If you watched the Capitals come onto the ice for pregame warmups or between intermissions either this season or last, you could see two players coming out of the tunnel holding hands. The narrow tunnel does not allow for players to stand side-by-side, but that did not deter Jakub Vrana and Madison Bowey. Friends from their days in Hershey, it became a pregame tradition for them to hold hands as they came out onto the ice for games.
Now that pregame tradition is one-man short.
Bowey was traded to the Detroit Red Wings on Friday as part of a package that landed Washington defenseman Nick Jensen. The move presents a new start for Bowey who had precipitously slid down the Capitals’ depth chart. But it also meant Vrana was losing one of his closest friends on the team.
“When you lose a friend like this, it's not a nice feeling because you spend a couple of years with him, right?” Vrana told NBC Sports Washington. “Really good friends. Been hanging out a lot and have a good practice together. Once the practice end, you just figured out you won't see him again.”
The trade deadline is a fun time for hockey fans who dream of all the moves their team can make. What players can they add? Who will play where in the lineup? Can they fit this player under the salary cap? Is there a defenseman available?
From the outside, these moves appear to be a little more than moving around chess pieces on a board. On the inside, however, these are players with families and friends who suddenly have to drop everything and start a new life in a new city.
“No one really thinks they're going to get traded unless they're told that they're going to get traded,” Brett Connolly said, “So it always comes as a shock to guys when they do get traded. I've been traded once and it really changes your life. Everything just changes in split second. Going through it, it's not an easy process. Obviously with our group you want to stay here and be a part of it because we did win last year and we're obviously going to try and make another run at it this year.”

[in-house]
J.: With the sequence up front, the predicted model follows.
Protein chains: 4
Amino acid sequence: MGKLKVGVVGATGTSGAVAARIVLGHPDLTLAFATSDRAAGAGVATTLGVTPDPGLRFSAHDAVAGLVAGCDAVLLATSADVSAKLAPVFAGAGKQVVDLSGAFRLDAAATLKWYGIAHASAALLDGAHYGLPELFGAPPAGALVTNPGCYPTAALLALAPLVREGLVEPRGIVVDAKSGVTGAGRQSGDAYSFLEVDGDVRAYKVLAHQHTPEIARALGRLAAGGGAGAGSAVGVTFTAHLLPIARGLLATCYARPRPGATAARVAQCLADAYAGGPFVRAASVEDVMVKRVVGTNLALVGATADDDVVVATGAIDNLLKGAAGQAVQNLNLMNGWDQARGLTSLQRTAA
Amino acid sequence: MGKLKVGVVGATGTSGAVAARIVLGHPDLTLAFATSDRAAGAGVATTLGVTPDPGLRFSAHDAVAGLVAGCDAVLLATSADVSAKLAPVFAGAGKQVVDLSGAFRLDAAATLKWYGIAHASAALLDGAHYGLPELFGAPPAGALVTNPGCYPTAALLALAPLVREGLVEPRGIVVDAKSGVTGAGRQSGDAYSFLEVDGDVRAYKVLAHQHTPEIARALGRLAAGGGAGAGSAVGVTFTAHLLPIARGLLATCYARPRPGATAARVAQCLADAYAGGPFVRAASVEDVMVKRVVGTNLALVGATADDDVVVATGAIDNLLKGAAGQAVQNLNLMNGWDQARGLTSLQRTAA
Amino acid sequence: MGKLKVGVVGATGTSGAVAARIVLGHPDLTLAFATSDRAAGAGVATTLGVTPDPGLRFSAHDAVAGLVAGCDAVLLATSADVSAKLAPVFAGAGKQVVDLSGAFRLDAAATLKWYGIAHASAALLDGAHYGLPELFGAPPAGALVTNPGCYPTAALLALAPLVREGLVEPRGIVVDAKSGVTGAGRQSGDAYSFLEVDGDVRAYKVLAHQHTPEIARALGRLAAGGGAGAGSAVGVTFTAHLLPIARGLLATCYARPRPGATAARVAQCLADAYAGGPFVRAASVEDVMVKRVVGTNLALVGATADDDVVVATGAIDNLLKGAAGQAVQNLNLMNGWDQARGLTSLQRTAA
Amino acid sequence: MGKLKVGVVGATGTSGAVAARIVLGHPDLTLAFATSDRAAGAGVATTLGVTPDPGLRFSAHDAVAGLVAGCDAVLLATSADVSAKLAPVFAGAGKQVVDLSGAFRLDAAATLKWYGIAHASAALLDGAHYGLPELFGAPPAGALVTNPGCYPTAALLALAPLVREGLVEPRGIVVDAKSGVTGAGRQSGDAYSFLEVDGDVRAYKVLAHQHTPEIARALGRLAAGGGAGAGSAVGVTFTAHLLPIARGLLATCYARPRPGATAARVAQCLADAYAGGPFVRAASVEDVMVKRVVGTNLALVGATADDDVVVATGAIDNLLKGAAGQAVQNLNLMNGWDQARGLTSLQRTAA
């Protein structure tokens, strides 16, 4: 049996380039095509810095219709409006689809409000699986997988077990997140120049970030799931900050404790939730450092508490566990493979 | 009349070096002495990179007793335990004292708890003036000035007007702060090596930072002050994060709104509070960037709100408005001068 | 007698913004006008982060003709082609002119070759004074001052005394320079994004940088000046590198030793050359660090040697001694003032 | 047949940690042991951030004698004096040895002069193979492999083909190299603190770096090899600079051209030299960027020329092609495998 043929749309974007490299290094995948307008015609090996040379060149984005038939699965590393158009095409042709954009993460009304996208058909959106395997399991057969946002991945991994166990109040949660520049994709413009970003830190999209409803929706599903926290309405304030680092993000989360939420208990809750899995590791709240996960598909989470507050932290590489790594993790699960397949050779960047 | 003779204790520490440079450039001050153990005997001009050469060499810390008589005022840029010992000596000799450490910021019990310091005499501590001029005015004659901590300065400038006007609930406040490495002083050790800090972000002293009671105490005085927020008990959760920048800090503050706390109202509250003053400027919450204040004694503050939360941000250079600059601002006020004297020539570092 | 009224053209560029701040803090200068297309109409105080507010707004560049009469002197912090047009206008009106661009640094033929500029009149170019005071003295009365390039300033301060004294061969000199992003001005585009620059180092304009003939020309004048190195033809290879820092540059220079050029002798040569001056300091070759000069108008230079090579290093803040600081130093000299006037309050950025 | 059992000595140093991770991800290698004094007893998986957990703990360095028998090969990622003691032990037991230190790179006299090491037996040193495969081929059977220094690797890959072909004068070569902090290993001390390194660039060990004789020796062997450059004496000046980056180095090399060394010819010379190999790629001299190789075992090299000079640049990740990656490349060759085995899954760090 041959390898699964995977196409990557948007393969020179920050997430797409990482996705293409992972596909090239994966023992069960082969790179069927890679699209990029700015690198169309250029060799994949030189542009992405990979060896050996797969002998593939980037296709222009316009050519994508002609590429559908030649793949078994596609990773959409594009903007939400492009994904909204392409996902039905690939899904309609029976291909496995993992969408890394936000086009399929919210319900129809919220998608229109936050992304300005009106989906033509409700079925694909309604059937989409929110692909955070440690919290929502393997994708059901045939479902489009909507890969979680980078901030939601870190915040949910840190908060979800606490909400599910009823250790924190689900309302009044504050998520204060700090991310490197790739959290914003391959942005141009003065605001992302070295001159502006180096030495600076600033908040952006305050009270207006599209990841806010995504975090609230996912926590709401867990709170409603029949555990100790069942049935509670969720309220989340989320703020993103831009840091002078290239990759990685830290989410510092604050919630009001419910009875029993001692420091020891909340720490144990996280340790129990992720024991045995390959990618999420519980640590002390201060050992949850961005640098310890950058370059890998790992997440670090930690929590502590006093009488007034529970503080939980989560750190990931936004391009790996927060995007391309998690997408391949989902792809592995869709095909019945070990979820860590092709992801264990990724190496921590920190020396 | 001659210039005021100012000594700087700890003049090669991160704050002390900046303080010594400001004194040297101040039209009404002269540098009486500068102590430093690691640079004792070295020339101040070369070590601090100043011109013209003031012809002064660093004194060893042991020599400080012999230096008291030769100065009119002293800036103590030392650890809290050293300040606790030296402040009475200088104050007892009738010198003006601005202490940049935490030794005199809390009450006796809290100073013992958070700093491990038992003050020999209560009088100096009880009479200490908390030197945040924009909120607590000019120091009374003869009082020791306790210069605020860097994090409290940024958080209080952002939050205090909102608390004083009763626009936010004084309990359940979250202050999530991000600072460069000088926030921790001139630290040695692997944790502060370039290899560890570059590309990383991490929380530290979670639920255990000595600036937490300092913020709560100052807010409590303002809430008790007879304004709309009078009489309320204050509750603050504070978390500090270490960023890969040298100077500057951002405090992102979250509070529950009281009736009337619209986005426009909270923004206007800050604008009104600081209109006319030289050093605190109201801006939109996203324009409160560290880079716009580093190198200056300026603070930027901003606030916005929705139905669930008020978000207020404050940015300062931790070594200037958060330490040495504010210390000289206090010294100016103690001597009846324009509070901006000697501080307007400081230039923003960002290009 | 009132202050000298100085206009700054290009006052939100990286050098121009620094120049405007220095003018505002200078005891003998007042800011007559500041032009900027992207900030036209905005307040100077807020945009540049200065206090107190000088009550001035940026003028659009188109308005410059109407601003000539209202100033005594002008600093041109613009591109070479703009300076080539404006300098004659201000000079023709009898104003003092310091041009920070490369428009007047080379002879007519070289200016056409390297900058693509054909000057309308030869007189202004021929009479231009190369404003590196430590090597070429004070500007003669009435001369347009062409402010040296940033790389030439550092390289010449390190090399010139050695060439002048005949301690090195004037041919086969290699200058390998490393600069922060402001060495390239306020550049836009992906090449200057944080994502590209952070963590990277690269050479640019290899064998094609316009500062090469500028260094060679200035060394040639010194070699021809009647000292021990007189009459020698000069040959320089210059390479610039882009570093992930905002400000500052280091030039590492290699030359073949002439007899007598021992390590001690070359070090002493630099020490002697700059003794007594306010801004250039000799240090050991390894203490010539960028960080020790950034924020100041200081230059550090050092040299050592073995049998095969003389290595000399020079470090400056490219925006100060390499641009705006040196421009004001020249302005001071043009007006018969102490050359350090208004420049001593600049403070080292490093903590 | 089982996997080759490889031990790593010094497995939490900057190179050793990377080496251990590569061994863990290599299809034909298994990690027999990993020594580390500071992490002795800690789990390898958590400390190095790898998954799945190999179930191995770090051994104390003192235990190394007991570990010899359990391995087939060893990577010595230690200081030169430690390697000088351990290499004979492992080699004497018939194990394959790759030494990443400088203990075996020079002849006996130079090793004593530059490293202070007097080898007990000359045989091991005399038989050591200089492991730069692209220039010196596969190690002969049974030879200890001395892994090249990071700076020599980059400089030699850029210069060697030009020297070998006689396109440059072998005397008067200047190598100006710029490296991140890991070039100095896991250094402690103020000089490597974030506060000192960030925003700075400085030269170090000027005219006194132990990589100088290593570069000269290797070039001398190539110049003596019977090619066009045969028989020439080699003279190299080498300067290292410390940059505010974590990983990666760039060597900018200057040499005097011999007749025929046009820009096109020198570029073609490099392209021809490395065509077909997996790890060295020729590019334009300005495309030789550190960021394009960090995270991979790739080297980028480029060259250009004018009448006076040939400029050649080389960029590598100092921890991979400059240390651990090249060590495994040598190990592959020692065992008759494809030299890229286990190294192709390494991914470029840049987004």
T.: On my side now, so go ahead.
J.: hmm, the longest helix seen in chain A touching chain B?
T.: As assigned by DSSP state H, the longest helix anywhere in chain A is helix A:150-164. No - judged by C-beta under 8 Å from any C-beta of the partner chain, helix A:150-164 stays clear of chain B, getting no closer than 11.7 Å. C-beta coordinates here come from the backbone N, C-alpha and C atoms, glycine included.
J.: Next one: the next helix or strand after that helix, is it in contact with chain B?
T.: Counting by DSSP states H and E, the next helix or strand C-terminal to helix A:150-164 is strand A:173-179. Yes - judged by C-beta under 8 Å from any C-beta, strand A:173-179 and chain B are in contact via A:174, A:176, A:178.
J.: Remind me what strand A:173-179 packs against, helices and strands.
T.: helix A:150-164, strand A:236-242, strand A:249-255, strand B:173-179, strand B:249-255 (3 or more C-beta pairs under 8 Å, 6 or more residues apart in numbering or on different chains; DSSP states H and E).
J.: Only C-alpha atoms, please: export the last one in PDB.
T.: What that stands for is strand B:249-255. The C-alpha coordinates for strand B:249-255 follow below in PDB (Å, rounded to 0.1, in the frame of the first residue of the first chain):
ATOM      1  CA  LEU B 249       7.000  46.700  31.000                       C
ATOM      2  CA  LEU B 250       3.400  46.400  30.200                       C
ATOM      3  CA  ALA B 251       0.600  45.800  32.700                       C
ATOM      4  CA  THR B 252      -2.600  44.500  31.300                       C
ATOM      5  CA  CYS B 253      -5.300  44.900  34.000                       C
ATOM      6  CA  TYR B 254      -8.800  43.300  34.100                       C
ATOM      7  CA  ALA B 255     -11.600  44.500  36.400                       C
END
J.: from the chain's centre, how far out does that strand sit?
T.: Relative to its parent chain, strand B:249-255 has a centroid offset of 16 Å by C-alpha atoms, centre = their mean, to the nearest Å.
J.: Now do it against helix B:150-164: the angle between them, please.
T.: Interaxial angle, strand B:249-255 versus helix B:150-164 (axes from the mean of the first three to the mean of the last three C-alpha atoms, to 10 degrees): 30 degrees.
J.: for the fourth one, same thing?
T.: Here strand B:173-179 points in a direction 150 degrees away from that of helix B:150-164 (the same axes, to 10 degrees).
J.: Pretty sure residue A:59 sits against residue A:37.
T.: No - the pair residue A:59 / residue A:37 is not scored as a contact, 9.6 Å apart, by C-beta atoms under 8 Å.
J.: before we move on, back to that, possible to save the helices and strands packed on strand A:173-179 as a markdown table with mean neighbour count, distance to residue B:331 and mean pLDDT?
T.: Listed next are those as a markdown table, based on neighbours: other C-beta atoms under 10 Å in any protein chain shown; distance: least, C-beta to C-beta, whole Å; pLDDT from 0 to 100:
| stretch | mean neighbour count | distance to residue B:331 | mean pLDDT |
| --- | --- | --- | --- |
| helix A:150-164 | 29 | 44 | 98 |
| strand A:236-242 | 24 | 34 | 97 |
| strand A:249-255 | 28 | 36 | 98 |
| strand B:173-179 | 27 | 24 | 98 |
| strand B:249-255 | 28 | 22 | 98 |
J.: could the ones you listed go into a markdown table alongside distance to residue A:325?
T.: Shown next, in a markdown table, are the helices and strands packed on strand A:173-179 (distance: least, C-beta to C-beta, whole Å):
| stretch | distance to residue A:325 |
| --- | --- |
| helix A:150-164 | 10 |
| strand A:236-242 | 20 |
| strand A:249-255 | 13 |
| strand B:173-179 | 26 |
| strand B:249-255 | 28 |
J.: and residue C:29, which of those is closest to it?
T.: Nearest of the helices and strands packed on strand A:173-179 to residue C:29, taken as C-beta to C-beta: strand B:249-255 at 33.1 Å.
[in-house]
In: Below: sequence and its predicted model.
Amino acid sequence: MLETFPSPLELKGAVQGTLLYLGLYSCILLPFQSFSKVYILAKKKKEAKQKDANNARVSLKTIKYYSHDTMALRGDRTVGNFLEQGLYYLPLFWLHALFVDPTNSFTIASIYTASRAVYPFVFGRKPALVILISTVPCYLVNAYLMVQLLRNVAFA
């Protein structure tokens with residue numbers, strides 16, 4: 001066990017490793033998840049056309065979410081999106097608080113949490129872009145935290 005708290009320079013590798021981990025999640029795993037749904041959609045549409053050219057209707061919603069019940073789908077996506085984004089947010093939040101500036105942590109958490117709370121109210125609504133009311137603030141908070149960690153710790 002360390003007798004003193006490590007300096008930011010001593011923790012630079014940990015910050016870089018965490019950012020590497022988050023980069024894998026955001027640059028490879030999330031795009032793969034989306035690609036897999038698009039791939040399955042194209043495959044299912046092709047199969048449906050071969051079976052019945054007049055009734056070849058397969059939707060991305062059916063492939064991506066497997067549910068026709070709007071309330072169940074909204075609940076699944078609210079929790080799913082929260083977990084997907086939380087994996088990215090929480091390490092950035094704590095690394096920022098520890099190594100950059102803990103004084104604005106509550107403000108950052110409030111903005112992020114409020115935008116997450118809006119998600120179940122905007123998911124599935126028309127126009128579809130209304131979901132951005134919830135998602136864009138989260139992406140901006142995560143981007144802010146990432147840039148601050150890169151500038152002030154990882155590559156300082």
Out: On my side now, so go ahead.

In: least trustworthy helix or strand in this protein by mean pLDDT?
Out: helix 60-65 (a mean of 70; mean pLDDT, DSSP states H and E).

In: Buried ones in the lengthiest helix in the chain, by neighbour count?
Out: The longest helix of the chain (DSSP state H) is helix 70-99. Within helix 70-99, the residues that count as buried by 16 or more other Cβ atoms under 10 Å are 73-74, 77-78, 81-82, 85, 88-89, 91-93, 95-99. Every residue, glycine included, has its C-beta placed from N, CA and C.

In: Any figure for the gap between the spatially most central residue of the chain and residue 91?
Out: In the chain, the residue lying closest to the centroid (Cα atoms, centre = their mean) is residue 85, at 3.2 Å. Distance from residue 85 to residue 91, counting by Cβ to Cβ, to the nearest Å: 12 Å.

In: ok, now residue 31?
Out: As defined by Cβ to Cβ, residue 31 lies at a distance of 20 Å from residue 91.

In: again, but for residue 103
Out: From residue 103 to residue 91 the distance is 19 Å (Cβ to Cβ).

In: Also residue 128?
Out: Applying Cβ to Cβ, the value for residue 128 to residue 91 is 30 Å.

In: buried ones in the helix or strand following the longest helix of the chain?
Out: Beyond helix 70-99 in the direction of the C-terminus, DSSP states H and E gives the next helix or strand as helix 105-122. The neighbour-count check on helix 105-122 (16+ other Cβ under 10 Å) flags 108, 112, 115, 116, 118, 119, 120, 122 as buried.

The quest to repeat is now something that Bowey will not get to be a part of. He has gone from the defending champions to a Detroit team that sits near the bottom of the league standings. But despite the turmoil and shock that comes with getting traded, this could actually prove beneficial for Bowey’s career.
Bowey was clearly falling down the depth chart in Washington, getting passed by other young players like Christian Djoos and Jonas Siegenthaler. In Detroit, he will get an everyday role for the rest of this season and presumably next season as well.
“Hopefully he will do good,” Vrana said. “I want all the best for him. He's a great guy, he's a great teammate and hopefully he will settle in pretty good in Detroit.”
Bowey’s new opportunity comes at a cost, however, and it is one that both he and Vrana will have to pay. It means uprooting his life in Washington to make the move to Detroit and it means for Vrana losing a friend in the locker room thanks to a situation he had no control over.
Still relatively new to the NHL, that feeling of helplessness that came at this year’s deadline certainly stuck out to Vrana.
“It's kind of new to me,” he said. “I haven't gone through lots of [trade deadlines] in my career so that was like a big first one I think. Obviously last year we brought in couple of guys. It's just part of the hockey, this trade deadlines. It's just how it is. We're just here to play. We can do our best on the ice, but those kind of things other people take care of. It stinks you cannot control. You just come here and play.”
Vrana will miss his friend’s presence in the locker room. Now when he takes the ice, he will do so alone.
When asked if he would get someone else to replace Bowey for his pregame ritual, Vrana said, “I don't think so. I think it's over.”
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